THE NEXT NASCAR?

Ford, Amp'd, hang on as Professional Bull Riders breaks out of the gate

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Suburban Detroit's Palace in Auburn Hills is the home of the NBA's Pistons, but on a recent April weekend it was home to what promoters call "the toughest sport on dirt."

A few dozen top cowboys tried to ride big, bad bucking bulls one-handed for eight seconds in the dirt-filled arena. The spectacle included indoor pyrotechnics and a giant, remote-controlled bull that floated around the arena. Flint, the clown who entertained the crowd to fill time between riders, insisted several times "this is not a rodeo."

No it's not. This is the Professional Bull Riders, and it's becoming one of the nation's fastest-growing sports among not just fans, but advertisers such as Amp'd Mobile, which believes that PBR will be to the current decade what the National Basketball Association was to the '80s and Nascar was to the '90s. "The fans are hard core and support sponsors," said Seth Cummings, senior VP-content and Internet at Amp'd. "We were looking for a heartland, red-state sport."

But it's not all heartland, as the extreme man-vs.-bull sport bucks conventional thinking. Bull riding is almost as popular with fans living east of the Mississippi River as it is with those on the other side, said Randy Bernard, CEO of the rider-owned group founded in 1994.

U.S. attendance at PBR's major and minor events will top 1.1 million this year, compared to some 80,000 in its inaugural year. It's expanding globally-into Mexico, Canada, Brazil and Australia-and will run a total of 140 events in those countries in 2006.

Ad time during weekend broadcasts on cable's OLN is sold out for the season, Mr. Bernard said. NBC has carried some PBR broadcasts since 2003. Fox Sports is set to begin 90-minute, tape-delayed programs on three Sundays this fall after National Football League games.

With Amp'd, it's also expanding to smaller screens. A few weeks ago, it announced a new partnership with the broadband wireless service to simulcast live events two or three nights per week, and the broadband wireless service will be a presenting sponsor at several marquee events. Amp'd will have its own bull at events, where fans can have their photo shot to send over mobile phones.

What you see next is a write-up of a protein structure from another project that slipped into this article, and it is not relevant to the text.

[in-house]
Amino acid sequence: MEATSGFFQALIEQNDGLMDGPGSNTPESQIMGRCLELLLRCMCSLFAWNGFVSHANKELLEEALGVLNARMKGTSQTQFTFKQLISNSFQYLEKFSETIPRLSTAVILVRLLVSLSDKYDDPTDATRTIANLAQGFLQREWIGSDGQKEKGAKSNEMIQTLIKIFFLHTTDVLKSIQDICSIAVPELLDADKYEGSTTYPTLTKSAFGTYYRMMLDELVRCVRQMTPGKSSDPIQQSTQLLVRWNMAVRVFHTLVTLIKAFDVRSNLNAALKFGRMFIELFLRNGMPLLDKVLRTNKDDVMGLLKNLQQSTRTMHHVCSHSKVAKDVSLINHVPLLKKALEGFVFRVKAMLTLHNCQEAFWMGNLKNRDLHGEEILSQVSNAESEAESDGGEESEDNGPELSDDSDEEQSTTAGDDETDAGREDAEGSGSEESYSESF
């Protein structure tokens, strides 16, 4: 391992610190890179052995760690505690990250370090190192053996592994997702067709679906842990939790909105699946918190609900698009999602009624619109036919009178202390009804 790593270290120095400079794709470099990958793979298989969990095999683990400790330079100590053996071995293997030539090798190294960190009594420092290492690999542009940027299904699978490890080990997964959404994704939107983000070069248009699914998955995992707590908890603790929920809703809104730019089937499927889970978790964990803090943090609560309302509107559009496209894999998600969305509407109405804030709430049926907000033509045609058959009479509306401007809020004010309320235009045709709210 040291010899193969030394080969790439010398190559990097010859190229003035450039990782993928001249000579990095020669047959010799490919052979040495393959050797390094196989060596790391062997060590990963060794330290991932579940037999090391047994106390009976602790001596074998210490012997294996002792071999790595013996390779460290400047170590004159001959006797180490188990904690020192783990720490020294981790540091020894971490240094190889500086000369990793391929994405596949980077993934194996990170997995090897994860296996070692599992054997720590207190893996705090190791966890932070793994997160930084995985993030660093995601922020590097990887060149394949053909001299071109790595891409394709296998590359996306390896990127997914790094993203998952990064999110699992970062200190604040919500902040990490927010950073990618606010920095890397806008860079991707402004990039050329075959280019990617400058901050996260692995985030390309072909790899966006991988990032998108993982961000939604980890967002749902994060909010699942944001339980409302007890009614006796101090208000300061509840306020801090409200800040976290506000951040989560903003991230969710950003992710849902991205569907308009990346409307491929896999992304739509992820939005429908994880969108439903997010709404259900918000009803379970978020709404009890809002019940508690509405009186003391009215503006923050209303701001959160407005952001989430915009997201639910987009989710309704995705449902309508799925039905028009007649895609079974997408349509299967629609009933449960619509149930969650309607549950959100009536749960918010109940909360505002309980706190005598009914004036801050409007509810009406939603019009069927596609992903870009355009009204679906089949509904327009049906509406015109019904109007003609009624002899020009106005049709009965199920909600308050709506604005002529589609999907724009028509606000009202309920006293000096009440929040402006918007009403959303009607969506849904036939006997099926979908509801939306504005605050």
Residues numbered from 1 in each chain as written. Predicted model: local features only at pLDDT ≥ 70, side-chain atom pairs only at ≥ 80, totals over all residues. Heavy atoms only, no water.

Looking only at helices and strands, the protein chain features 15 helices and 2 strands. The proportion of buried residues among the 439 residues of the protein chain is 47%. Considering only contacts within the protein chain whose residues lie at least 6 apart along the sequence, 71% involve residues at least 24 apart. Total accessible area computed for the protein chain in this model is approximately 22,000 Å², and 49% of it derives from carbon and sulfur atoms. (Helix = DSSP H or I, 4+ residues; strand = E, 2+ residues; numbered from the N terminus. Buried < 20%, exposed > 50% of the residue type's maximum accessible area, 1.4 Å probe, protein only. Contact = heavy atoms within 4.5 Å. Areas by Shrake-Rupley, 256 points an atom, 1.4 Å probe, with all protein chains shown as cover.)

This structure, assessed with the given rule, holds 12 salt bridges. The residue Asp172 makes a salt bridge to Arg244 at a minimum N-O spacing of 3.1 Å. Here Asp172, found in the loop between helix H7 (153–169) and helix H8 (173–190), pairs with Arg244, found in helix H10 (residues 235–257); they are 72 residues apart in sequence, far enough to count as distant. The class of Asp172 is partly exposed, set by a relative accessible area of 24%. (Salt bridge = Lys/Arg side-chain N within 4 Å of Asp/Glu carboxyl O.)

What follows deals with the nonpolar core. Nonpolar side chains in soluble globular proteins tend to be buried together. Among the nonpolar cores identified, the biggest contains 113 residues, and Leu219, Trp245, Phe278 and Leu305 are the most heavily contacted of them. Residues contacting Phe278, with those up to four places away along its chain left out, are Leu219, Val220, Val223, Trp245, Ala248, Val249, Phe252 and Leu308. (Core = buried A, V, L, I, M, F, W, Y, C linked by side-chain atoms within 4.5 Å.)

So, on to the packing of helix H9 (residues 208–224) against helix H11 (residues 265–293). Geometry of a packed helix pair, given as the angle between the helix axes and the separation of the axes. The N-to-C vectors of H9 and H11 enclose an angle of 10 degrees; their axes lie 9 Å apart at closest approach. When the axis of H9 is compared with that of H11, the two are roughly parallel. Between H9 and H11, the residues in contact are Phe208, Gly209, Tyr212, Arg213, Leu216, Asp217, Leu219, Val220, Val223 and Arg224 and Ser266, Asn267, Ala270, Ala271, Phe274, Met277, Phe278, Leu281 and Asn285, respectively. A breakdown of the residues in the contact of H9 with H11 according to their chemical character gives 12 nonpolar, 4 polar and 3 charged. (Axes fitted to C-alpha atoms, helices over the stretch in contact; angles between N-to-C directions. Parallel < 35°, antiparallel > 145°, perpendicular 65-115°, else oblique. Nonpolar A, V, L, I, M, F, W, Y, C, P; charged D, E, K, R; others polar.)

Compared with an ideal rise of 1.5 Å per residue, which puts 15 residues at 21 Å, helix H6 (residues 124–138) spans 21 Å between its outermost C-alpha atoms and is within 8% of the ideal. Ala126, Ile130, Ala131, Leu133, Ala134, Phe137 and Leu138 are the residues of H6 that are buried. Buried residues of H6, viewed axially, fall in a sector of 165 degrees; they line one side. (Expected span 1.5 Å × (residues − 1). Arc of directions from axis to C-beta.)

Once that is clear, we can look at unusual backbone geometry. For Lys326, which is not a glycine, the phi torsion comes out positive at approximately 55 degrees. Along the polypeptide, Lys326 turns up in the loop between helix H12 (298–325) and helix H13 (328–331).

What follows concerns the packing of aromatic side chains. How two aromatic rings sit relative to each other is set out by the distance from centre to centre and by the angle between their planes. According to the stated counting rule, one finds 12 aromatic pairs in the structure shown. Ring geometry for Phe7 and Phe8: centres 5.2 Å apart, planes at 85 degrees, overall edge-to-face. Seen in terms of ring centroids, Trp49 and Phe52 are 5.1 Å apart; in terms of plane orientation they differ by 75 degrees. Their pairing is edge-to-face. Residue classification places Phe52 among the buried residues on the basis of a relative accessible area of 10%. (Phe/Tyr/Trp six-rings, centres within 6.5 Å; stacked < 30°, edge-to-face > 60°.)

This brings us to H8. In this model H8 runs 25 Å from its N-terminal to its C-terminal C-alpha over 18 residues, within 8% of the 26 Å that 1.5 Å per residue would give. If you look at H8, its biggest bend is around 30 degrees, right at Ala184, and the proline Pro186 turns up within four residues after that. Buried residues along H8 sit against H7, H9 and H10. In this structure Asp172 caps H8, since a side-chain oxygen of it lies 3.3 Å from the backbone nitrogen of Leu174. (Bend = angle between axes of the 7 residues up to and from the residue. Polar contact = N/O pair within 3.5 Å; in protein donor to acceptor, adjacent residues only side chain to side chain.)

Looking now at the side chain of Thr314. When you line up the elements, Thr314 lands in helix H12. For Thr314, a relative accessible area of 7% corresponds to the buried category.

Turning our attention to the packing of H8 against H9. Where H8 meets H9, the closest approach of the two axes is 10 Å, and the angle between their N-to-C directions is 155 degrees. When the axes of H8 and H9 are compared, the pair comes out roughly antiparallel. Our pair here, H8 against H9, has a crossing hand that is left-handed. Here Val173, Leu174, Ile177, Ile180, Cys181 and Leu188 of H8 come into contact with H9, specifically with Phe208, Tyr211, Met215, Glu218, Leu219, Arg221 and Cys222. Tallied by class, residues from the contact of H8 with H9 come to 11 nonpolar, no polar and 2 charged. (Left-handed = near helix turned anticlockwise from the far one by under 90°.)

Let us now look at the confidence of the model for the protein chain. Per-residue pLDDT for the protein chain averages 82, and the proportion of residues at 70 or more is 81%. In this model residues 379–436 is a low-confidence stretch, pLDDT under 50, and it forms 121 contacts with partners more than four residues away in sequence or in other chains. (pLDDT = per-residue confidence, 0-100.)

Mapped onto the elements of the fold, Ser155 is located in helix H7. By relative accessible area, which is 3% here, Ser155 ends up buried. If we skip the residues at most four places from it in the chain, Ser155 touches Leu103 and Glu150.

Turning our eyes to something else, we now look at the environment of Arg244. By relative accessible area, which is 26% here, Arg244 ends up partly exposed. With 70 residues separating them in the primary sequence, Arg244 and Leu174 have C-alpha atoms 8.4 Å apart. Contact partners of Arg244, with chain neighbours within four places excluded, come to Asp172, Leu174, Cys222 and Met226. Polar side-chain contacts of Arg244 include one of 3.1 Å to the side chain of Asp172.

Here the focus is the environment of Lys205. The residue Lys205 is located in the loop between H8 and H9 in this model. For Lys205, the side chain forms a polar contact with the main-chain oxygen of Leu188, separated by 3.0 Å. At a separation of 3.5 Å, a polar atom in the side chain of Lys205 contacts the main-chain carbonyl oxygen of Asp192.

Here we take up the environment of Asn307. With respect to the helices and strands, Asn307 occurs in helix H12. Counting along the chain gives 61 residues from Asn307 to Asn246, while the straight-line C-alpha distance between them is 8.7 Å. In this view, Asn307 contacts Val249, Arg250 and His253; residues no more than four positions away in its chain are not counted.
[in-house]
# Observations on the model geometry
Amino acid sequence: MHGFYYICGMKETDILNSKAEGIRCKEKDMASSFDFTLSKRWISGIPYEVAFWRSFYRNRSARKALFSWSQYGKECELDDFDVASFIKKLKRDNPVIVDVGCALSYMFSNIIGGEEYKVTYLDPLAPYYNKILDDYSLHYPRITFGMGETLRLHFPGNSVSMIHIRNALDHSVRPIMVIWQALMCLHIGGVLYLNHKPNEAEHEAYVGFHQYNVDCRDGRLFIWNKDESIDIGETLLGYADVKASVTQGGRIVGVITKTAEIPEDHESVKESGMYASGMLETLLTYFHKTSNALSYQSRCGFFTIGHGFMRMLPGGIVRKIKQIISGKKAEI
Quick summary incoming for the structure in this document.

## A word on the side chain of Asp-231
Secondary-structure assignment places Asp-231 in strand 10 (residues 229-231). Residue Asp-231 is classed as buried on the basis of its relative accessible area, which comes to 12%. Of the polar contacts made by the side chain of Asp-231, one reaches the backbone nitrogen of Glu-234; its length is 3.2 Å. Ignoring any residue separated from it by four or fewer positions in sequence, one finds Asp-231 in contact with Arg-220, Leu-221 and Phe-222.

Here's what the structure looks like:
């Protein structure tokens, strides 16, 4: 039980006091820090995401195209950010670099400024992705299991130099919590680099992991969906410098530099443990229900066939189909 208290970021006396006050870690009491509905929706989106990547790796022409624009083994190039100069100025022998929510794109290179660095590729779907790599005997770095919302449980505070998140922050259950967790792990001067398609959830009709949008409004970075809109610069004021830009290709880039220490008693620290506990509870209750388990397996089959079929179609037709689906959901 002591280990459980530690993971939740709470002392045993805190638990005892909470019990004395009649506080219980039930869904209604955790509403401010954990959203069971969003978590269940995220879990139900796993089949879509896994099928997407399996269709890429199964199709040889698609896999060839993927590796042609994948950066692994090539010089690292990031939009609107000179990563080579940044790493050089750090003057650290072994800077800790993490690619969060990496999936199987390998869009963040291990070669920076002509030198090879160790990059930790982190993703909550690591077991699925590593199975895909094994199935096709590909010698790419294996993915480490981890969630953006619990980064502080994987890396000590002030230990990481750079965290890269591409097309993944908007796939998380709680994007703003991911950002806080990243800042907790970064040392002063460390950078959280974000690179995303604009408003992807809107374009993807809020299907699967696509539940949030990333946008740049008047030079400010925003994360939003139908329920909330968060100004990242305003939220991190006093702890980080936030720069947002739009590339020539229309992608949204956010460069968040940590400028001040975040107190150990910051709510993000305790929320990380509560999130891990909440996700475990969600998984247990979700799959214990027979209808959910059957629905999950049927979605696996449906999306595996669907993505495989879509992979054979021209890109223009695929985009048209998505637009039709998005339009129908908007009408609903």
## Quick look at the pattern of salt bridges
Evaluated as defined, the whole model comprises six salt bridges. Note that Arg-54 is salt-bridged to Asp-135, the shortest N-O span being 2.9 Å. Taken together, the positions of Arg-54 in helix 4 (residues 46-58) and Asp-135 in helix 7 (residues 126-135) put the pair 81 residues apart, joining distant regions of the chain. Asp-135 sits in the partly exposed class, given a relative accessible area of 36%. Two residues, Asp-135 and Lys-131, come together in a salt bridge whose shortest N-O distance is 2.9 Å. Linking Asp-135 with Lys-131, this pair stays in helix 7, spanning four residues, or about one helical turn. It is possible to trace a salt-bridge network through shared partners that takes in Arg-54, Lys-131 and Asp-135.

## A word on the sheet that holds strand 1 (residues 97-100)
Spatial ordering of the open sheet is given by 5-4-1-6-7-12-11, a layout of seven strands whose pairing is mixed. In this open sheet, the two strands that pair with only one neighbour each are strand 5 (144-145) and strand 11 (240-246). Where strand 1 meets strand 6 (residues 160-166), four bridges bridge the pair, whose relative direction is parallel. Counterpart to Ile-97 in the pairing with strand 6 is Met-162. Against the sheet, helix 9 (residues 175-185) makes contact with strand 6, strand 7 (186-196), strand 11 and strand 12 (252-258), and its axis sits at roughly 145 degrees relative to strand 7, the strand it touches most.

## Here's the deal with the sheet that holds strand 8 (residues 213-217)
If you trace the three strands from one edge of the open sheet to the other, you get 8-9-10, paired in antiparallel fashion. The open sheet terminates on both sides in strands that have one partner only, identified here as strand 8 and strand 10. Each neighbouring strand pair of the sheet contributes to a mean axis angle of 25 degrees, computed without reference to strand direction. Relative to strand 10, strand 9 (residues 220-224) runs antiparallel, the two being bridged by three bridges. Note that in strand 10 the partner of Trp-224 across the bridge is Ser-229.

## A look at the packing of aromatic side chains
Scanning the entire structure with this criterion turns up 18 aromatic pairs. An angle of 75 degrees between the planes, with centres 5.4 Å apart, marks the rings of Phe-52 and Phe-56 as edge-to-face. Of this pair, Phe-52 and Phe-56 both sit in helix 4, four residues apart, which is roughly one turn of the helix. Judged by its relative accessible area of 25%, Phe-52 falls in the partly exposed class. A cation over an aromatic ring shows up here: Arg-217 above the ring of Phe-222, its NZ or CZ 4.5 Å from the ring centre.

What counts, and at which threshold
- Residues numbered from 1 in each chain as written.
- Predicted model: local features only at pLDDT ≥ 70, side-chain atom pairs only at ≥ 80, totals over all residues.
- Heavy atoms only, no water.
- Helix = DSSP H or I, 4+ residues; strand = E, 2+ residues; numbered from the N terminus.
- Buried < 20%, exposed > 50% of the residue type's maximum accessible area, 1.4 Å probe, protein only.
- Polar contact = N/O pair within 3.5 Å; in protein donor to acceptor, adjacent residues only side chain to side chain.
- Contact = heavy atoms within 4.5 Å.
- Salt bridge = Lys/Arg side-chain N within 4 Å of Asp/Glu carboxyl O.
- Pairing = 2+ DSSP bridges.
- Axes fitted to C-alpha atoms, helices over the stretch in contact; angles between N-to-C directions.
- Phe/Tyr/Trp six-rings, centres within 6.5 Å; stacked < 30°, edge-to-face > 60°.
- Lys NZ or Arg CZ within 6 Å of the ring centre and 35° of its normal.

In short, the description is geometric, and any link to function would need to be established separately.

But the Amp'd association is only one result of the rider-owner organization's taking the bull by the horns to reach advertisers.

Mr. Bernard said its sponsorship and ad revenue will reach more than $23.5 million this year from $365,000 in 1994. Those annual prices range from $450,000 to $5 million, with TV advertising now part of the packages. The ranks of the largest sponsors include Ford Motor Co., Enterprise Rent-A-Car, Wrangler, Jack Daniels, clothing maker Dickies and Las Vegas.

Ford is in its fifth year as a sponsor. Since 2003, the automaker's Ford brand has been title sponsor of the top circuit, the Built Ford Tough Series, which culminates in Las Vegas this fall with one cowboy winning $1 million and a big gold belt buckle.

This season for the first time, Ford is sponsoring a bull, Super Duty, as part of an online promotion at battleforthebull.com. Five finalists will win a VIP trip for two to the finals in Las Vegas. The grand prize winner receives part ownership of Super Duty for a year with a three-day trip to the bull's ranch. Also this season, the PBR helped Ford develop a demonstration on the tour for Ford's Super Duty pickup, pulling a section of seats in the venues.

sponsoring bulls

It's a ready-made audience for Ford. The automaker is able to track opt-ins on the promotion site to vehicle sales, said Ford Division's Robert Keller, truck marketing manager. The advertiser has surveyed attendees and learned half of them own pickups, and roughly 40% of those are Ford pickups. Moreover, he said, half of F-Series pickup truck owners watch or attend these events. The PBR allows the brand "to get to customers in a way we couldn't do with mass media."

JWT, Detroit, Ford brand's agency, creates dedicated in-arena video ads for events, although the advertiser airs general-market truck commercials during PBR broadcasts.

A few years ago, Enterprise Rent-A-Car wanted to partner with a national sports organization in hopes of linking with fans. It picked the PBR because of its growth, passionate fans, national scope, events and TV broadcasts, said Barry Dvoracek, director-consumer marketing. Now in its fourth year as a sponsor, the marketer recently inked a new multi-year deal with PBR.

This season, Enterprise started sponsoring eight top riders, plus arena clown Flint Rasmussen, who wears branded Enterprise gear, and color commentator Michael Gaffney, PBR's 1997 World Champion. Mr. Gaffney appears in Enterprise's dedicated TV ads by independent Avrett, Free and Ginsberg, New York.

Enterprise conducts phone surveys with select customers about the brand and PBR. "We know if fans have increased awareness, they have a higher inclination to rent from us," said Mr. Dvoracek. He credited the PBR alliance to helping the company improve its business.

PBR's Mr. Bernard expects to keep cracking the bullwhip. He's targeting a total of 14 broadcasts annually on NBC and Fox, up from nine this season, and hopes to expand the PBR market to more mainstream audiences. "Chicago is a really good market," he says, adding, "I'd like to be at Madison Square Garden next year."

contributing: alice z. cuneo
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